Redwoods and Douglas fir heaven for Tree Addict


Having the opportunity to visit, see and touch the giant coastal redwoods of northern California has been way up there on my bucket list. Ever since I was given a copy of Rob van Pelts book, Forest Giants after winning a tree climbing competition in 2005 in Stellenbosch, South Africa, the passion to see these great trees has been burning.



That opportunity presented itself in 2012 when I attended an international society of arboriculture conference in Portland. My wife Tracy and I flew in and drove straight down to Crescent city, northern California –

“Redwood is unsurpassed in magnificence by any other conifer; and no coniferous forest of the continent equals in impressiveness, beauty, and luxuriance the redwood forests of northern California’"– Charles Sargent, 1900

We met up with Mario Vaden—a redwood guide who also happens to be an arborist and who knew where all the great trees were and how to get to for 2 glorious days, we three wandered through the primeval forests and ended up seeing many of the trees Rob von Pelt drew and a bunch of others.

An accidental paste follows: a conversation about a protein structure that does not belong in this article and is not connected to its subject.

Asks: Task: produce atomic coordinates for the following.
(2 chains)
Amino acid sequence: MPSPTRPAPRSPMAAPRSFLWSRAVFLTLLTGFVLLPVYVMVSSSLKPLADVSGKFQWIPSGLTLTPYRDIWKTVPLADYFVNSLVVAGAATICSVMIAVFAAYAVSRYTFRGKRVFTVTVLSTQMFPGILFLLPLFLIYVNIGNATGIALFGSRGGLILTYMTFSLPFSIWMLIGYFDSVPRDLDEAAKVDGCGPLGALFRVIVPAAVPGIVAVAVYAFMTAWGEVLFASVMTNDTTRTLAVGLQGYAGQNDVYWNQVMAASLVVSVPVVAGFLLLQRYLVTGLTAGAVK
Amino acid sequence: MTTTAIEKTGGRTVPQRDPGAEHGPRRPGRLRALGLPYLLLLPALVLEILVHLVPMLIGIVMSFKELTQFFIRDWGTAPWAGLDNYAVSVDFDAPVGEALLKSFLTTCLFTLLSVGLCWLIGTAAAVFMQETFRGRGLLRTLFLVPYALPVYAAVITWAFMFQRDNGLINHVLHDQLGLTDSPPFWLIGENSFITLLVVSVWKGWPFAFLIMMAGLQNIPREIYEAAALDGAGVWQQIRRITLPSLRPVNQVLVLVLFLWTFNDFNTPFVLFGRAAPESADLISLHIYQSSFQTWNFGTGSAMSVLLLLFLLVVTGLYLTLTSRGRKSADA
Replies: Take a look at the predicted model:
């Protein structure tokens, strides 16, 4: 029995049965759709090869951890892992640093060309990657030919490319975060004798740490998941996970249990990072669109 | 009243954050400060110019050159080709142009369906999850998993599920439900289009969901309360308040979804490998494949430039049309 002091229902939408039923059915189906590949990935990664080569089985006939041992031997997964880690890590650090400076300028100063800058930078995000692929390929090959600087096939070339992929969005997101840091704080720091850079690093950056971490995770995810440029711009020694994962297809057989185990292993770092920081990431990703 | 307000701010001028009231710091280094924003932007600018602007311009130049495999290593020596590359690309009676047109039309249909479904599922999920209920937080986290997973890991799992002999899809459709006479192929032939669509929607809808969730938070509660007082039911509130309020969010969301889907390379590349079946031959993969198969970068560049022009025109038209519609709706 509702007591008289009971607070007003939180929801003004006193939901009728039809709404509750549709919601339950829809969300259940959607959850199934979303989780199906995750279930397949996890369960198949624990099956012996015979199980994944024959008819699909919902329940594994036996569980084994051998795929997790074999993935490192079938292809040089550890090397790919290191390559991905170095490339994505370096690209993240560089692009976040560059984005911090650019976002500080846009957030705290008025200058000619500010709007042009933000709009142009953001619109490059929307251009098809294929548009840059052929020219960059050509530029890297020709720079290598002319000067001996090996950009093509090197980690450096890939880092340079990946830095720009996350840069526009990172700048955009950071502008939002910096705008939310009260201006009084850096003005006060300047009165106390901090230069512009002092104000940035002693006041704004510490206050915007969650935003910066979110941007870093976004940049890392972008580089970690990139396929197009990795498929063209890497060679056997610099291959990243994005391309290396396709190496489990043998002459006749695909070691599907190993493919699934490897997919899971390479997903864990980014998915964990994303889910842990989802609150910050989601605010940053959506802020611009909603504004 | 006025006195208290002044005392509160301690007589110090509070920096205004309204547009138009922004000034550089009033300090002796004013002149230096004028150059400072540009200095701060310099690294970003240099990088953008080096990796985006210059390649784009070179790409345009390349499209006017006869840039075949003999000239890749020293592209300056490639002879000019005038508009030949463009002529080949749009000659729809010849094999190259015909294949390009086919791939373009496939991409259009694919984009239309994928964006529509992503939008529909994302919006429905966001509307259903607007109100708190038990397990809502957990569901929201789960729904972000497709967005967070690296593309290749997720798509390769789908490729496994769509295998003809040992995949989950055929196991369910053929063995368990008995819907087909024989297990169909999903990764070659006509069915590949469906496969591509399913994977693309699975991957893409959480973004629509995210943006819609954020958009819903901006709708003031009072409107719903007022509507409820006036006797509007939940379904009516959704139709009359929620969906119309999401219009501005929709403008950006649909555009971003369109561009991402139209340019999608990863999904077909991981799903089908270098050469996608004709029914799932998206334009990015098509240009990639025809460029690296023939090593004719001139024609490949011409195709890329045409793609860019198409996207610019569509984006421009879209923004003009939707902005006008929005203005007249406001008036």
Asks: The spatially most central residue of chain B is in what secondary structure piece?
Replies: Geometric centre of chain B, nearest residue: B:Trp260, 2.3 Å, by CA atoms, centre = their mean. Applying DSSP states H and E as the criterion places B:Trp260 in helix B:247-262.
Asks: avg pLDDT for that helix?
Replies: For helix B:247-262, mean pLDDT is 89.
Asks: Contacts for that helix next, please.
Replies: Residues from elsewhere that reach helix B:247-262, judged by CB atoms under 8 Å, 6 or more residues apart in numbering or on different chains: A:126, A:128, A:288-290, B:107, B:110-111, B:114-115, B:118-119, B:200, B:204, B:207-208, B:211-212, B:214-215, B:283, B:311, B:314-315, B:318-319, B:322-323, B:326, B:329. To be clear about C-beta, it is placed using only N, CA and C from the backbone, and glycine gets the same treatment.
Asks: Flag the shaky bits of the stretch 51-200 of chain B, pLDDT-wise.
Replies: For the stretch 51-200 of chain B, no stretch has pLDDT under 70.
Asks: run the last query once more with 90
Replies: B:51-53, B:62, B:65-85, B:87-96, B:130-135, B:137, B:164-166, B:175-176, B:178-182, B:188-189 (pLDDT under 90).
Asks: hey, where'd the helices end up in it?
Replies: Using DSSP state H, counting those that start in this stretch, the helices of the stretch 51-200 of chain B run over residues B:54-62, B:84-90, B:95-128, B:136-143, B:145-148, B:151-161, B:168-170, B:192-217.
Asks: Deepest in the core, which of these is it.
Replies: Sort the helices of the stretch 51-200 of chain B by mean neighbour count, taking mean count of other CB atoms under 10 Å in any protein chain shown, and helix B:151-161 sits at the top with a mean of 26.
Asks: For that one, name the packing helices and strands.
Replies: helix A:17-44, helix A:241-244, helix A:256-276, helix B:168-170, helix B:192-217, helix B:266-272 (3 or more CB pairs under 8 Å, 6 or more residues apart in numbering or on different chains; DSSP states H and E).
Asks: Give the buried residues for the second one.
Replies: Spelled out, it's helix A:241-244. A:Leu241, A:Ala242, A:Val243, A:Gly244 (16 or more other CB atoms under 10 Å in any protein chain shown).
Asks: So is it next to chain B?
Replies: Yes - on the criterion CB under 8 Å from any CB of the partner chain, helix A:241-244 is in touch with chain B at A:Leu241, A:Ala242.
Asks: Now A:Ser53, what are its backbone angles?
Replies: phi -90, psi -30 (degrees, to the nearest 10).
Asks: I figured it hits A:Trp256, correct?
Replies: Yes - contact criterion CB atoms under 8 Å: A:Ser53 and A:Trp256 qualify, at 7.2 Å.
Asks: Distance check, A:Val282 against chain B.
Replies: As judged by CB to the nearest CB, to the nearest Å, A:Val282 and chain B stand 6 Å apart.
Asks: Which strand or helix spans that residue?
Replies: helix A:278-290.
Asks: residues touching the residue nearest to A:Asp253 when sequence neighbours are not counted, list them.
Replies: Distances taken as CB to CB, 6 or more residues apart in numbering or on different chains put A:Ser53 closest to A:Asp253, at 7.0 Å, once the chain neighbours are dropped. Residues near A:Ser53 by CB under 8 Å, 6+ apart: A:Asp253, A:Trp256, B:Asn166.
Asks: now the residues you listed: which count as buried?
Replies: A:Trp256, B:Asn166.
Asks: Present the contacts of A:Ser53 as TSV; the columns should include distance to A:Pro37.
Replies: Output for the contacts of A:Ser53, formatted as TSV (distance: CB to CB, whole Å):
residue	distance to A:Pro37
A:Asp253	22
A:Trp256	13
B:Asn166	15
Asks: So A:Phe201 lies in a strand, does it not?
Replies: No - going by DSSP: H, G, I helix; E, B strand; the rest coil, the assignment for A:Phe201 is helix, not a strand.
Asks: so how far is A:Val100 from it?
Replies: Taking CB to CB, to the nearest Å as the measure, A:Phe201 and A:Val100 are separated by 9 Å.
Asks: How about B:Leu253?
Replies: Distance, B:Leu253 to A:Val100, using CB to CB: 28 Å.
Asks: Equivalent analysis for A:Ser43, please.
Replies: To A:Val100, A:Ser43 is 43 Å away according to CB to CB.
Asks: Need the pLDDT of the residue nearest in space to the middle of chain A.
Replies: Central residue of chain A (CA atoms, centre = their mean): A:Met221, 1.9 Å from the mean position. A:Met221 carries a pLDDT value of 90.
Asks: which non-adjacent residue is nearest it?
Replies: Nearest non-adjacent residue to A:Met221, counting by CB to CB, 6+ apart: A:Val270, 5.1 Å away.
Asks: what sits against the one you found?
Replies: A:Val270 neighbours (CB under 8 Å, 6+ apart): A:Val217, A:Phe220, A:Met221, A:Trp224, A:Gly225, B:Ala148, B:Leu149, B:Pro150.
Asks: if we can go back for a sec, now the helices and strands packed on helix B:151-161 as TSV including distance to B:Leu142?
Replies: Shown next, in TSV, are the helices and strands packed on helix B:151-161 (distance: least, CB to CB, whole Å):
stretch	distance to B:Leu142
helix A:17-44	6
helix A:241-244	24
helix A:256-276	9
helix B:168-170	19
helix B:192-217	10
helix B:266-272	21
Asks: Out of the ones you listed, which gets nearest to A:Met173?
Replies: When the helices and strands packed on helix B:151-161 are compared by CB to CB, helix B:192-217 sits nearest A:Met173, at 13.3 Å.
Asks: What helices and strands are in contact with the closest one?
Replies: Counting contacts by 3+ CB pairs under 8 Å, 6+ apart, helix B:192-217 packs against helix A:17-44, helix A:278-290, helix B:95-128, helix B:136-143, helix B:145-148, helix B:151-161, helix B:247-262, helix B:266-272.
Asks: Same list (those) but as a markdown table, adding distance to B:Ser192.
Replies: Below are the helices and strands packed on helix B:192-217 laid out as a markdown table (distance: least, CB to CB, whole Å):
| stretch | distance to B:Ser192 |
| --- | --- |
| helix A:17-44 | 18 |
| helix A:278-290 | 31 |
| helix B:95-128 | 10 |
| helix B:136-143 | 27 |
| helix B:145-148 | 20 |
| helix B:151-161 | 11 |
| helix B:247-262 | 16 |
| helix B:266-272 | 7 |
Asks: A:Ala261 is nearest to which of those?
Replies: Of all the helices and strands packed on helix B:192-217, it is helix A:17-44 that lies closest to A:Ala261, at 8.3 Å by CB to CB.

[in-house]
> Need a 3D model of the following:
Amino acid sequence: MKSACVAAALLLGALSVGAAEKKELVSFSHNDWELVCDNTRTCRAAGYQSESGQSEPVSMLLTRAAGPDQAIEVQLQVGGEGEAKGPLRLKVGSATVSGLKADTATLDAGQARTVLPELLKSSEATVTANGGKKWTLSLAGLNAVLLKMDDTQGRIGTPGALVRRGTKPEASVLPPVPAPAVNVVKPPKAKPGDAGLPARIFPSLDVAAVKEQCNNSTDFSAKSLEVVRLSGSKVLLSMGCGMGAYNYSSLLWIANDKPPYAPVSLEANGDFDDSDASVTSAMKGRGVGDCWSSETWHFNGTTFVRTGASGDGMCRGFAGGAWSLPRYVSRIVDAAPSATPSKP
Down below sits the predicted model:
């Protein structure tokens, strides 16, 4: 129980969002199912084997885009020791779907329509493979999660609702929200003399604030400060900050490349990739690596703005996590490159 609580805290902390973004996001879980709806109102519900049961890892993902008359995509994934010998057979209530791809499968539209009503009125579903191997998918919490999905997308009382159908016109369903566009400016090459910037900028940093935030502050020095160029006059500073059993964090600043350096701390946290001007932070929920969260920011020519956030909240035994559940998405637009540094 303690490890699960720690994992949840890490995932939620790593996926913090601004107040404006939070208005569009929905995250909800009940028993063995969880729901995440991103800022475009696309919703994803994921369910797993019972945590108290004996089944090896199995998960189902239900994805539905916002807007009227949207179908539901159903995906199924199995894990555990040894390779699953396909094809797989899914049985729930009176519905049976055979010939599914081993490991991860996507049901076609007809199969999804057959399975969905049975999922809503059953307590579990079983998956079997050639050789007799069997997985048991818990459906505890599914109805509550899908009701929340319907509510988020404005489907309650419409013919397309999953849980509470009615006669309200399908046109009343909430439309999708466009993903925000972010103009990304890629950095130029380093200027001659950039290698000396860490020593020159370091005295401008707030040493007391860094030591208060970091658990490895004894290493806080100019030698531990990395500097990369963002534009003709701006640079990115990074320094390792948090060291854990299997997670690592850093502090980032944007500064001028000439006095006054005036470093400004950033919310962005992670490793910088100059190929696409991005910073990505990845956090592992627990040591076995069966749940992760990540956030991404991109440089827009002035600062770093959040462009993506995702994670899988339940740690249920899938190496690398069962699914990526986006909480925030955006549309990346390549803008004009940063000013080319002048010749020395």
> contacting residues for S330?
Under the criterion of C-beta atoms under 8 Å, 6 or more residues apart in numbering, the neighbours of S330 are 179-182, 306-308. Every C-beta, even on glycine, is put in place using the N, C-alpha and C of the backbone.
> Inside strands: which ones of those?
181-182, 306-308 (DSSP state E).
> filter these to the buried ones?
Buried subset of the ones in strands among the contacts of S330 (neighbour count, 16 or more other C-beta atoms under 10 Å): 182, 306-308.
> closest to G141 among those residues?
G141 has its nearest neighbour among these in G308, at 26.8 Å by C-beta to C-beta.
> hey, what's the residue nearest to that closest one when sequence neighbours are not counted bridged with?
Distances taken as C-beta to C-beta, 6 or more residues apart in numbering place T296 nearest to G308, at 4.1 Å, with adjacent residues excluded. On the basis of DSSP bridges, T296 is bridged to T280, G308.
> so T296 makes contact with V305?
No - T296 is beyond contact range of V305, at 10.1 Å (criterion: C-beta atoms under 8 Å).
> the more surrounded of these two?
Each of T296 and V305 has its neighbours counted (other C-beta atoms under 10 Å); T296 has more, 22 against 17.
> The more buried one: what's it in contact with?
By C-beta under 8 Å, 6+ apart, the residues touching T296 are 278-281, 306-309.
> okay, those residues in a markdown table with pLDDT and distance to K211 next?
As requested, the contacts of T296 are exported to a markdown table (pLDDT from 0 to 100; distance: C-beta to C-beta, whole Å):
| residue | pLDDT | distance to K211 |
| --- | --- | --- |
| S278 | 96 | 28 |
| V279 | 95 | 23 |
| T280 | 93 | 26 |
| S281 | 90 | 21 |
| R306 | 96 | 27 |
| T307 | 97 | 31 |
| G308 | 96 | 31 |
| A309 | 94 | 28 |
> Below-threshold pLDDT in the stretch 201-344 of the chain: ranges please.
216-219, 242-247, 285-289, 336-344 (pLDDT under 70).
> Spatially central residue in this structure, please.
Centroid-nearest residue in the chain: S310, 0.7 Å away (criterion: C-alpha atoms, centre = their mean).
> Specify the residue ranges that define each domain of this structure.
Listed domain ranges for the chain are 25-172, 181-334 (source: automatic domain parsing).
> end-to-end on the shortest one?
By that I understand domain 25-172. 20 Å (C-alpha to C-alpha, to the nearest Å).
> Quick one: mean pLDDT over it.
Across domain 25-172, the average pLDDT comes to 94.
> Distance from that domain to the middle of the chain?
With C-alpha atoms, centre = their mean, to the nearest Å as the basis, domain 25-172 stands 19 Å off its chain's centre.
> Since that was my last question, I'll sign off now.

Rob van Pelts amazingly accurate drawings of the coastal redwoods

Of course, I was sorely tempted to break the law and ninja climb at least one of them, but reason prevailed and I desisted.

Check out some of these shots showing the size of these things.


 Howland Hill Giant -

Ht 100.3m DBH 602cm Volume 951m3


 Del Norte Titan

Ht 93.6m DBH 723cm Volume 1045m3


 El Viejo del Norte

Ht 98.8m DBH 674cm Volume 924m3

One of the gnarliest redwoods ever


Lost Monarch

Ht 97.8m DBH 768cm Volume 768m3

This tree has the largest single redwood trunk known


You can figure this out for yourself. Puts a whole new meaning to “How’s it hanging?”


Sir Isaac Newton

Ht 94.8m DBH 701cm Volume 940m3

The large burl above my head is estimated to weigh 20 tons




Seeing is believing with these trees! I am dwarfed by the scale.



Ht 91.4m DBH 614cm Volume 1033m3

The most architecturally complex tree on earth